Early Diagnosis of Mesothelioma – There is Still Hope Say Researchers

Some readers may be aware that mesothelioma is a disease caused by asbestos exposure and is an aggressive cancer affecting the outer lining of the lungs.
Currently, mesothelioma is diagnosed when a lung biopsy finds enough amount of tumor tissue. This process can sometimes leave doctors a bit uncertain about the patient’s diagnosis, which can at times result in delays in beginning treatment.

Good News for Mesothelioma Sufferers

However, there is some recent good news for patients suffering from mesothelioma. During the recent 3rd European Lung Cancer Conference held in Geneva some interesting findings were announced. Important breakthroughs have recently been made in improving the diagnosis and treatment of malignant pleural mesothelioma.

Quicker Diagnosis by analyzing MicroRNAs

Australian researchers have stated that they have identified a small molecule which is found to be more abundant in the blood of mesothelioma sufferers as compared to healthy people. This is amazing news because if this is true it can help doctors diagnose mesothelioma much earlier than is possible today.

In the study, Dr. Michaela Kirschner and colleaagues from the Asbestos Diseases Research (Concord Hospital Campus) in Sydney studied molecules in blood known as microRNAs. 17 microRNAs were identified that had significant differential abundance between people with the disease and those without it.

As per their lab results, the level of a microRNA called miR-625-3p was four times higher in the blood of patients with mesothelioma. This difference in levels of miR-625-3p in blood samples enabled the team of researchers to differentiate malignant pleural mesothelioma patients from healthy people with 82.4% accuracy.

However, good news always seems to come with a caveat. Over the years many proteins have been thought to play the role of a blood marker for mesothelioma but none have attained accuracy levels for routine clinical use.

As per Dr Kirschner, “Detailed analyses of our two independent sample series have shown that miR-625-3p performs as well as any previously proposed protein marker for detecting mesothelioma. However, like most diagnostic markers, miR-625-3p is not 100% accurate, and therefore there is a chance the assay will produce both false positives as well as false negatives. Further studies on larger sample sizes are needed to see whether the accuracy of miR-625-3p can be confirmed or even turn out to be better than currently observed.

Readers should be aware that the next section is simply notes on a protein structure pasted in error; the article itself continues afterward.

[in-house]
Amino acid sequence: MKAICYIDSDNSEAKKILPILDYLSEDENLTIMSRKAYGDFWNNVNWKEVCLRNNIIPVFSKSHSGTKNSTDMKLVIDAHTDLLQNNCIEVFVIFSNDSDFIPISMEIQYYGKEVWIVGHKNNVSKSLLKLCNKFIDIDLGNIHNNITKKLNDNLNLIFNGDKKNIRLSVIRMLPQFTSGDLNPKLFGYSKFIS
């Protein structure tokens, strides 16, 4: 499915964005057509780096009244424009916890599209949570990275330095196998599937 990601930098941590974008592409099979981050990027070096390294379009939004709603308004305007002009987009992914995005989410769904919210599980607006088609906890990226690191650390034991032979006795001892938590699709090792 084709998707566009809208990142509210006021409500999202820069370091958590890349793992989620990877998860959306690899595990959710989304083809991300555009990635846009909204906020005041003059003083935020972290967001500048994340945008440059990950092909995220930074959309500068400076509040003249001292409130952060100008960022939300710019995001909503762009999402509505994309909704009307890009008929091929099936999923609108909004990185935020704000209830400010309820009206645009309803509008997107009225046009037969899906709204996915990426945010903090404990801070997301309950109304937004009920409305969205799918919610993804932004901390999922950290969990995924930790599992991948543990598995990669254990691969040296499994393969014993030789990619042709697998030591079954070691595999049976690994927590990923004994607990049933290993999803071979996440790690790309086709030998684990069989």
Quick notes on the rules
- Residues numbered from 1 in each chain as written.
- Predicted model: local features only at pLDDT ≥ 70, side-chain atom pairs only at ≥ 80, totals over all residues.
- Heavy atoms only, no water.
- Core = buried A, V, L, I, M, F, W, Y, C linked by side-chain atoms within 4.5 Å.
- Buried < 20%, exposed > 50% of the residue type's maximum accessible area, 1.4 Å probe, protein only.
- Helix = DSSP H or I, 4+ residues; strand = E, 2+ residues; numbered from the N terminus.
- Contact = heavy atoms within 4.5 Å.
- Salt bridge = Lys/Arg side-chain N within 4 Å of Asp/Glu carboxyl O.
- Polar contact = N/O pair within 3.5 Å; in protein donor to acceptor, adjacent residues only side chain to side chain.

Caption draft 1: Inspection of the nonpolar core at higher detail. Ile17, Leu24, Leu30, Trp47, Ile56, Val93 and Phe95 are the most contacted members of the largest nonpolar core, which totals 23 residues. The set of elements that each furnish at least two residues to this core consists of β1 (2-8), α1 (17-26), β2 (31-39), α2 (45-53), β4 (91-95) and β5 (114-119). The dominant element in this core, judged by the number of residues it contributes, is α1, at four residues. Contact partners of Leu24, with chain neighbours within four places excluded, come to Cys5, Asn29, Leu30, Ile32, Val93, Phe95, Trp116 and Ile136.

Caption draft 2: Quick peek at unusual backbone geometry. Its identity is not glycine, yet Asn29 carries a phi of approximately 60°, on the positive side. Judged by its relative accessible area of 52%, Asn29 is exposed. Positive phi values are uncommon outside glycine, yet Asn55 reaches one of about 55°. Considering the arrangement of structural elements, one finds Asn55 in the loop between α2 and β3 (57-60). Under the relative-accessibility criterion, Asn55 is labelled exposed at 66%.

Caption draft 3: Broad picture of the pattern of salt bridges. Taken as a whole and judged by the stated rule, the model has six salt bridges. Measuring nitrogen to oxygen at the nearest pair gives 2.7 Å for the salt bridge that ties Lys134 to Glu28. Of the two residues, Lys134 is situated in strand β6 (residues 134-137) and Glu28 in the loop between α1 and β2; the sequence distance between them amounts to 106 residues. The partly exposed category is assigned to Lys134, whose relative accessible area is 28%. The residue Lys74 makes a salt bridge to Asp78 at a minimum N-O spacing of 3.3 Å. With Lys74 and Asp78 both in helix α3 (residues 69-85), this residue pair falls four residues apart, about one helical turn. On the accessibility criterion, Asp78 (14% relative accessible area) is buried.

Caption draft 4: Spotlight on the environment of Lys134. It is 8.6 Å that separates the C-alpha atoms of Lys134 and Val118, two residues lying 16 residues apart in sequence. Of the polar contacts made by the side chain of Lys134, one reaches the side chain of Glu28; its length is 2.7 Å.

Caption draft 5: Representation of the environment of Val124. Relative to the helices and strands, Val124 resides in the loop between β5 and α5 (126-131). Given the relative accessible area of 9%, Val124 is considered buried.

He further added that, “Should further studies prove that microRNAs in plasma are accurate enough for the diagnosis of malignant pleural mesothelioma, this will lead to the development of a diagnostic test for routine clinical use. This test would then represent a relatively simple way to circumvent the problems associated with obtaining a tissue biopsy. For a patient this would mean that appropriate treatment could be instituted at an earlier stage.

Other Blood markers also identified

Apart from the Australian team of Dr. Kirschner Swiss, Italian and US researchers have also said that they have found another potential group of useful blood markers that can be used for early diagnosis of mesothelioma.

According to Dr. Ferdinando Cerciello of the Swiss Federal Institute of Technology and the University Hospital, Zurich, who studied 56 candidate biomarker peptides, the study performed by him and his team “revealed potential candidate biomarkers in serum, accessible simultaneously by mass spectrometry.

High-dose radiotherapy gives good response rates

There is also good news for mesothelioma in terms of treatment of the disease.

Although it was generally believed that mesothelioma does not respond to radiotherapy, researchers in Australia have found that if the disease is mainly confined to one side of the chest, radiotherapy may give the best response rates compared to any other single treatment for patients with the disease.

In a statement, Dr. Malcolm Feigen and colleagues at Austin Health Radiation said, “Our experience provides clear evidence that radiation is arguably the most effective single agent for mesothelioma and new technologies including intensity-modulated radiotherapy allow high doses to be delivered safely.

As I am well aware of the dangers posed by this deadly disease, I hope these new findings take us in the right direction towards early diagnosis and effective treatment.

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